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Sharing our love for authors, and the stories they are inspired to tell.

‘The House On Willow Street’ by Cathy Kelly

Danae Rahill had long since learned that a postmistress’s job in a small town had a lot more to it than the ability to speedily process pensions or organize money transfers.

She’d run Avalon Post Office for eighteen years and she saw everything. It was impossible not to. Without wishing to, the extremely private Danae found herself the holder of many of the town’s secrets.

I guess that like the majority of small shopkeepers, Danae has an almost intimate knowledge of all the local people in the area. A great source for local gossip, although not so good if you want to keep yourself to yourself, or you have something to hide! I don’t think that I would want to live somewhere quite as small and intimate as ‘Avalon’ sounds, what about you? Although I am looking forward to listening in on a few conversations, to find out what the locals are up to!


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As this was a publisher invitation to read and review, a paperback print copy of  ‘The House On Willow Street’, was sent to me free of charge, by HarperCollinsPublishers.

This will in no way influence any comments I may express about the book, in any blog article I may post. Any thoughts or comments are my own personal opinion and I am in no way being monetarily compensated for this, or any other article.

Written by
Yvonne

I can’t remember a time, even as a child, when I haven’t been passionate about books and reading.
I began blogging, when I realised just how many other people out there shared my passion for the written word and I have been continually amazed at the wealth of books that are available and the amount of great new friends I have made, from literally 'The Four Corners Of The World'.

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14 comments
  • I think I’d enjoy reading this book, but I wouldn’t enjoy a small-town life. If I want to hear titillating conversations, I’ll sit in a booth at a nearby Starbucks and listen! That’s a great source for story ideas.
    My Book Beginnings / Friday 56 post is from GOODNIGHT NOBODY.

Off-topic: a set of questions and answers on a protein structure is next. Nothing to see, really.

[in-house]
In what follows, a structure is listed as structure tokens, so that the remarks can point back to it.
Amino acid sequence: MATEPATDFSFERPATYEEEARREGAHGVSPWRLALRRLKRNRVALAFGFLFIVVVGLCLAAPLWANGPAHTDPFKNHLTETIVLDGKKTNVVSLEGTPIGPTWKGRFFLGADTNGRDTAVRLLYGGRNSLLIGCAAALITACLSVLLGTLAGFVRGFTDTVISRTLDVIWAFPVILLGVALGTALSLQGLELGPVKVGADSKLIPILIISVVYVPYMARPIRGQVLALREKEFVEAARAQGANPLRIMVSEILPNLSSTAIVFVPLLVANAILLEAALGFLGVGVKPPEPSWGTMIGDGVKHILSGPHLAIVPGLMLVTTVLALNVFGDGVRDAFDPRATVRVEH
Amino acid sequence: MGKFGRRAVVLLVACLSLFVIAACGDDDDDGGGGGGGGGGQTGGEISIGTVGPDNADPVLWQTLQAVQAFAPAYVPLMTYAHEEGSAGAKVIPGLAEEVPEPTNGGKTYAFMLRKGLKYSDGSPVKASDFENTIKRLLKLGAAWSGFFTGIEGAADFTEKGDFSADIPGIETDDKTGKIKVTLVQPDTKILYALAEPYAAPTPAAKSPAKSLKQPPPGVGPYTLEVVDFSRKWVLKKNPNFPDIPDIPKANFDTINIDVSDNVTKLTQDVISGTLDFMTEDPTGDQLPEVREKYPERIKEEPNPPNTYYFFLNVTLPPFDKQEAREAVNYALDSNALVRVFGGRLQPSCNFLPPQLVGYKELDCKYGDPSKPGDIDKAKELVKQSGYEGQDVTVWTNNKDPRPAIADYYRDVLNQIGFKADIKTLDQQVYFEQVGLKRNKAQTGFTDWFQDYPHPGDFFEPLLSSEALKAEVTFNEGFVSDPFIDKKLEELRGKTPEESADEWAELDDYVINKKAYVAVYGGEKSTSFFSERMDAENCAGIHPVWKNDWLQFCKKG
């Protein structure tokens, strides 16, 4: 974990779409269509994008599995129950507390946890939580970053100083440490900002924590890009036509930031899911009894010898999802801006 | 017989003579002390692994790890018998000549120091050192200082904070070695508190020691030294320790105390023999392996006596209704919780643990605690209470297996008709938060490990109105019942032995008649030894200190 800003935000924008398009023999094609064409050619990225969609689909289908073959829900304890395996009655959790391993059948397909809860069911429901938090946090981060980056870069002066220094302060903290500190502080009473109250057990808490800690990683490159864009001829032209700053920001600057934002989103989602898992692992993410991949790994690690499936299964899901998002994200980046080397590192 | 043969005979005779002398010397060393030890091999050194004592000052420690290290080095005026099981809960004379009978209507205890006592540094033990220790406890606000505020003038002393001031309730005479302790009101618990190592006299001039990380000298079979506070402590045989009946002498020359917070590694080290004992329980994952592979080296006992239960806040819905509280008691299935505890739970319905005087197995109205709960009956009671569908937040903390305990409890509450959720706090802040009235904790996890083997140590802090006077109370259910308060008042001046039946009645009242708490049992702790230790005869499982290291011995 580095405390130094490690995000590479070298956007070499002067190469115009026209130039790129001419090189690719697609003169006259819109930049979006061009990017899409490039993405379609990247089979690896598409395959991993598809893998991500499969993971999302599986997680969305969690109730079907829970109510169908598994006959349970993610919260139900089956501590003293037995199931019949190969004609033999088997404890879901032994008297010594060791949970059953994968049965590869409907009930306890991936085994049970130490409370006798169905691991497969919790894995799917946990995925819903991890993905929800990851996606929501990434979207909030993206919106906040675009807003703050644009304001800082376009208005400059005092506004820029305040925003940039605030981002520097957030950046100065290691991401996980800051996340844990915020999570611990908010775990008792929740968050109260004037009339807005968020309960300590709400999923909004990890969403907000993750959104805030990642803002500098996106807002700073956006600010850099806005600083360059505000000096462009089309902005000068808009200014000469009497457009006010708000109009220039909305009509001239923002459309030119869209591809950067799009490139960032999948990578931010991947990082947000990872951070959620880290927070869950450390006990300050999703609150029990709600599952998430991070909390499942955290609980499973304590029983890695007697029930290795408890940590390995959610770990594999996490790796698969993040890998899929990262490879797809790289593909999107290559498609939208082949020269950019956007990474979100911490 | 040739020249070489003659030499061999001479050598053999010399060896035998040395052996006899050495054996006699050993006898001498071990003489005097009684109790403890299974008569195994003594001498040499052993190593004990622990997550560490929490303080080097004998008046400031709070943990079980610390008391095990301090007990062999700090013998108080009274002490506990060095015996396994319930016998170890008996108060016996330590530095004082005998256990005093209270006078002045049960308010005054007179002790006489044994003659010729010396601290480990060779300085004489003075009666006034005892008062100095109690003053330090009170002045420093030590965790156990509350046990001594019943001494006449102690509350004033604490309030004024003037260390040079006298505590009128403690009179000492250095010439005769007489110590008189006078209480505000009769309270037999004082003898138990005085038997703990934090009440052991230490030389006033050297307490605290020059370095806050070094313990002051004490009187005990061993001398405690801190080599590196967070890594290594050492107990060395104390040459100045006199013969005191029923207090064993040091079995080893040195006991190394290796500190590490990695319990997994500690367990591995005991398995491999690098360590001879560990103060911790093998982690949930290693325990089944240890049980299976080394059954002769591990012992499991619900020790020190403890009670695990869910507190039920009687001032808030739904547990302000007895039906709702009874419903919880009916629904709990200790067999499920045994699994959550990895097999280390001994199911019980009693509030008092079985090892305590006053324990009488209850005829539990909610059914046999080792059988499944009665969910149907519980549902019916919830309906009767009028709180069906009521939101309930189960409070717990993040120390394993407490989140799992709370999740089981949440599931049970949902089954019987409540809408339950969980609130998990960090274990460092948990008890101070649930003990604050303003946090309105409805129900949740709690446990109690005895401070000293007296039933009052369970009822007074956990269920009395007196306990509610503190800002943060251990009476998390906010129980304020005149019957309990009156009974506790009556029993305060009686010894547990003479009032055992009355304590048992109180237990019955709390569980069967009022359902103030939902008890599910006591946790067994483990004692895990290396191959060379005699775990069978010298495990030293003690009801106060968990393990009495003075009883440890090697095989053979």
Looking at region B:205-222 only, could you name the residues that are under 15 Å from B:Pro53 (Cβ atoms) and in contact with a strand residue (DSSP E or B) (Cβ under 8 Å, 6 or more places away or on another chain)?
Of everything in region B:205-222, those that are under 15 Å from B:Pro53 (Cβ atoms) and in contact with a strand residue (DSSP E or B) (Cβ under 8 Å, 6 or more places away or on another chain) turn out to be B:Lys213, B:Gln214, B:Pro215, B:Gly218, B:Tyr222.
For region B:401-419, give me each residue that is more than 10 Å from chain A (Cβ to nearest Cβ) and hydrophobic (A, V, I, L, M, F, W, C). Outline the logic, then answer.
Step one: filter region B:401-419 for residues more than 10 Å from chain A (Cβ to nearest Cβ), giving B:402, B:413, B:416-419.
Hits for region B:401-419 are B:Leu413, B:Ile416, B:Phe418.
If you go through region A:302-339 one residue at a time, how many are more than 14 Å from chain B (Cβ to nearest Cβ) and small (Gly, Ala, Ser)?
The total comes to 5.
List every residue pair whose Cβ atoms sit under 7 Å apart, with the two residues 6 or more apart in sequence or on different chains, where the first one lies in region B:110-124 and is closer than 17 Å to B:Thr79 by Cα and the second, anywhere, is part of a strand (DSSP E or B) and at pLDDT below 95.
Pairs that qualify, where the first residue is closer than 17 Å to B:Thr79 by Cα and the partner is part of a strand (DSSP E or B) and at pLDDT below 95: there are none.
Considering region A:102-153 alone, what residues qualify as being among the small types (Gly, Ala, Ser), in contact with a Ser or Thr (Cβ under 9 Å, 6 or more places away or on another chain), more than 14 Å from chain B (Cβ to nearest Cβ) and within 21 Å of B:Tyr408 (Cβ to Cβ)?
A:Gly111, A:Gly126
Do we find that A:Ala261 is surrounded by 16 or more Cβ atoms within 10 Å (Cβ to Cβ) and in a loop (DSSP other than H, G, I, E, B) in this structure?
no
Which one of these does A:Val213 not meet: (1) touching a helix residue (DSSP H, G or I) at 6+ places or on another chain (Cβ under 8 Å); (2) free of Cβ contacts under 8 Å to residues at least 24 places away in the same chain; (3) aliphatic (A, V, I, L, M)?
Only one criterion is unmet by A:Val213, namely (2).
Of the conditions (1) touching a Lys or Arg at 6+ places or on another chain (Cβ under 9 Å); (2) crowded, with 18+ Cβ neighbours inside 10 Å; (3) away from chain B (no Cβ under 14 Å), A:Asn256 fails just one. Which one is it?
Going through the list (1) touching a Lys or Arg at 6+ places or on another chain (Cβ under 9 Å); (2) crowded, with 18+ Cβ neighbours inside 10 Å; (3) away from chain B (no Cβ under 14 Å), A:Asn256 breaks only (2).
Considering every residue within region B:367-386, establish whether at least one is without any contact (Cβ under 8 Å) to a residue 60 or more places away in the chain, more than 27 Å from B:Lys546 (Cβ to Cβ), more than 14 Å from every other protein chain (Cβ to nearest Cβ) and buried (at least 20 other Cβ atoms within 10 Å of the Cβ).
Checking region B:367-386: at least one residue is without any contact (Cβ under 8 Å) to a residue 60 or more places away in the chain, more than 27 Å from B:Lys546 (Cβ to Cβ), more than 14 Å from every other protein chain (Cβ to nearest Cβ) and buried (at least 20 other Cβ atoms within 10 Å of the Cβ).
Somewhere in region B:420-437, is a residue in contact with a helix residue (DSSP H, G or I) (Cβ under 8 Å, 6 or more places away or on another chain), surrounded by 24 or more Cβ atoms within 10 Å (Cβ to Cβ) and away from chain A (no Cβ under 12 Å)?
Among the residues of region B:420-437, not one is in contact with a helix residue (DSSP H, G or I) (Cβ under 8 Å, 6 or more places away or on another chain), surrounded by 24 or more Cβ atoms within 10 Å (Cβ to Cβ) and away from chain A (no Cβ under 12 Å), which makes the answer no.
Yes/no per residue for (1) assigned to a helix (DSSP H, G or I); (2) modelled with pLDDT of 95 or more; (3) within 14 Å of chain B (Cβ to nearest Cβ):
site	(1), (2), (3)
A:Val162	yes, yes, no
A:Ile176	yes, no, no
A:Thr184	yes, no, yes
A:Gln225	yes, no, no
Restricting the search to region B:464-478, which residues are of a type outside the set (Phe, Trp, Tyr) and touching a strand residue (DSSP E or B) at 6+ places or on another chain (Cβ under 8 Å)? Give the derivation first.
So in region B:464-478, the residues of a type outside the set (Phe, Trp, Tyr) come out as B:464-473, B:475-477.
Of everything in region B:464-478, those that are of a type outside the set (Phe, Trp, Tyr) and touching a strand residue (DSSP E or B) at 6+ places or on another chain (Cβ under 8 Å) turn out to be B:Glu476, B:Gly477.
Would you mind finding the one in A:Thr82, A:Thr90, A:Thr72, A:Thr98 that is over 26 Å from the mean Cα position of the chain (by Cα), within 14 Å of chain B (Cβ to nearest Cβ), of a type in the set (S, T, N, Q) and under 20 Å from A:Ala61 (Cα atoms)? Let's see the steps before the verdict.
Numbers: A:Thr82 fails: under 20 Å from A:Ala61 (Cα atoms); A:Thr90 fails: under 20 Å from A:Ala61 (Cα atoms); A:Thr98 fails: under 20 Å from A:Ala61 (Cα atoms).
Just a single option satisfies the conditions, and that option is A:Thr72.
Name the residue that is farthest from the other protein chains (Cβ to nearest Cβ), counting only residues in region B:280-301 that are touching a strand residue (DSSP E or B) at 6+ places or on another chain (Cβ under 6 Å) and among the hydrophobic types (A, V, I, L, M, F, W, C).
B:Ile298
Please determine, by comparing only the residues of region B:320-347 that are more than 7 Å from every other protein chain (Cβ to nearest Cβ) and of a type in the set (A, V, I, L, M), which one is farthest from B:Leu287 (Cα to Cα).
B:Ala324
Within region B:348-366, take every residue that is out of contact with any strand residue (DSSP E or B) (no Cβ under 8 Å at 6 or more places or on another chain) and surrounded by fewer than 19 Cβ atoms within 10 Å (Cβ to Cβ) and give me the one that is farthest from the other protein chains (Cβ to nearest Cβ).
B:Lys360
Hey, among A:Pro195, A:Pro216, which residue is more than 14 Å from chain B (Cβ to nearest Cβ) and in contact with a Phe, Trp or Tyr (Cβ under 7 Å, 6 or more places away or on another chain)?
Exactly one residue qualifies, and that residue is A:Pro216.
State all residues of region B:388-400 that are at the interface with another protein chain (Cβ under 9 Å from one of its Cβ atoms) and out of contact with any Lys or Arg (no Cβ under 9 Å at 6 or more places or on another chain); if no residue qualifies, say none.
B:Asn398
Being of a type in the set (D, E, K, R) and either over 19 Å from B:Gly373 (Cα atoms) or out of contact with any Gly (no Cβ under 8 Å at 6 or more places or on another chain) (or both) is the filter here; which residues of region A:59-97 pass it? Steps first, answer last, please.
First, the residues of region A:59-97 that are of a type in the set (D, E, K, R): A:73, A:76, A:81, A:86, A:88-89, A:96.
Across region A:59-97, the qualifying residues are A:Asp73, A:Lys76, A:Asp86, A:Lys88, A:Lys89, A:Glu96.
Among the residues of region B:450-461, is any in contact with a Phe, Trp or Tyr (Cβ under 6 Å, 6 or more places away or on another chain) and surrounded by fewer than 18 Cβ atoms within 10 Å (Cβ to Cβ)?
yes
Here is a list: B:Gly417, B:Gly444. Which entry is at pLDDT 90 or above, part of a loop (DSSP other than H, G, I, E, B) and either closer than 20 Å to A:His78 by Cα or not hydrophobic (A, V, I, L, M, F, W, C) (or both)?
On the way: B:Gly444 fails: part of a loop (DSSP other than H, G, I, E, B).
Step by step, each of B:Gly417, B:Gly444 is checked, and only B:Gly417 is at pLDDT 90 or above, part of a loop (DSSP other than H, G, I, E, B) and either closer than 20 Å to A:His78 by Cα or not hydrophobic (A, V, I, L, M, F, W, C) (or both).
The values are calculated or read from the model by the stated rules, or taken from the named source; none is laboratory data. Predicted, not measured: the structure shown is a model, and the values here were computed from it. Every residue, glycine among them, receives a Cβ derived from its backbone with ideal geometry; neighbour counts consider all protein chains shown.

• Hi Sandra,

      I am really looking forward to reading this book, as Cathy, being Irish born and bred, is busy making her mark on the writing scene, following in the footsteps of the many succesful and consummate of her compatriots, who certainly know how to tell a good story!

      I think that I might like the peace and tranquility of small-town life, however the endless tittle tattle and gossip, would most definitely get on my nerves pretty quickly!

      We don’t live in a large town or city, by any stretch of the imagination, however, it is still relatively easy to keep or private affairs, just that!!

      Thanks for taking the time to read my post and leave a comment. I always appreciate your thoughts and opinions.

      Have a great weekend.

  • I like to read about small towns. I would like to meet the postmistress and see what she finds out. Who knows? A murder might happen in the small town or blackmail.

    • Hi Hattie,

      I know that there are some broken hearts, dark memories and some facing up to past events, to be revealed … but who knows what else the postmistress might find out!!

      Thank you so much for stopping by today, I always value and appreciate all visits and comments.

    • Hi Anne,

      Thanks for stopping by and taking the time to leave a comment. It is always good to ‘meet’ new people and your visits and contributions, are valued and appreciated.

      I am waiting with anticipation, the revelation of some of Avalon’s secrets, although it sounds as though Danae has quite a few secrets and surprises of her own!!

      Hope you are having a great weekend.

  • I’m about to start The Picture of Dorian Grey, which opens:

    “The studio was filled with the rich odor of roses, and when the light summer wind stirred amid the trees of the garden there came through the open door the heavy scent of the lilac, or the more delicate perfume of the pink-flowering thorn.”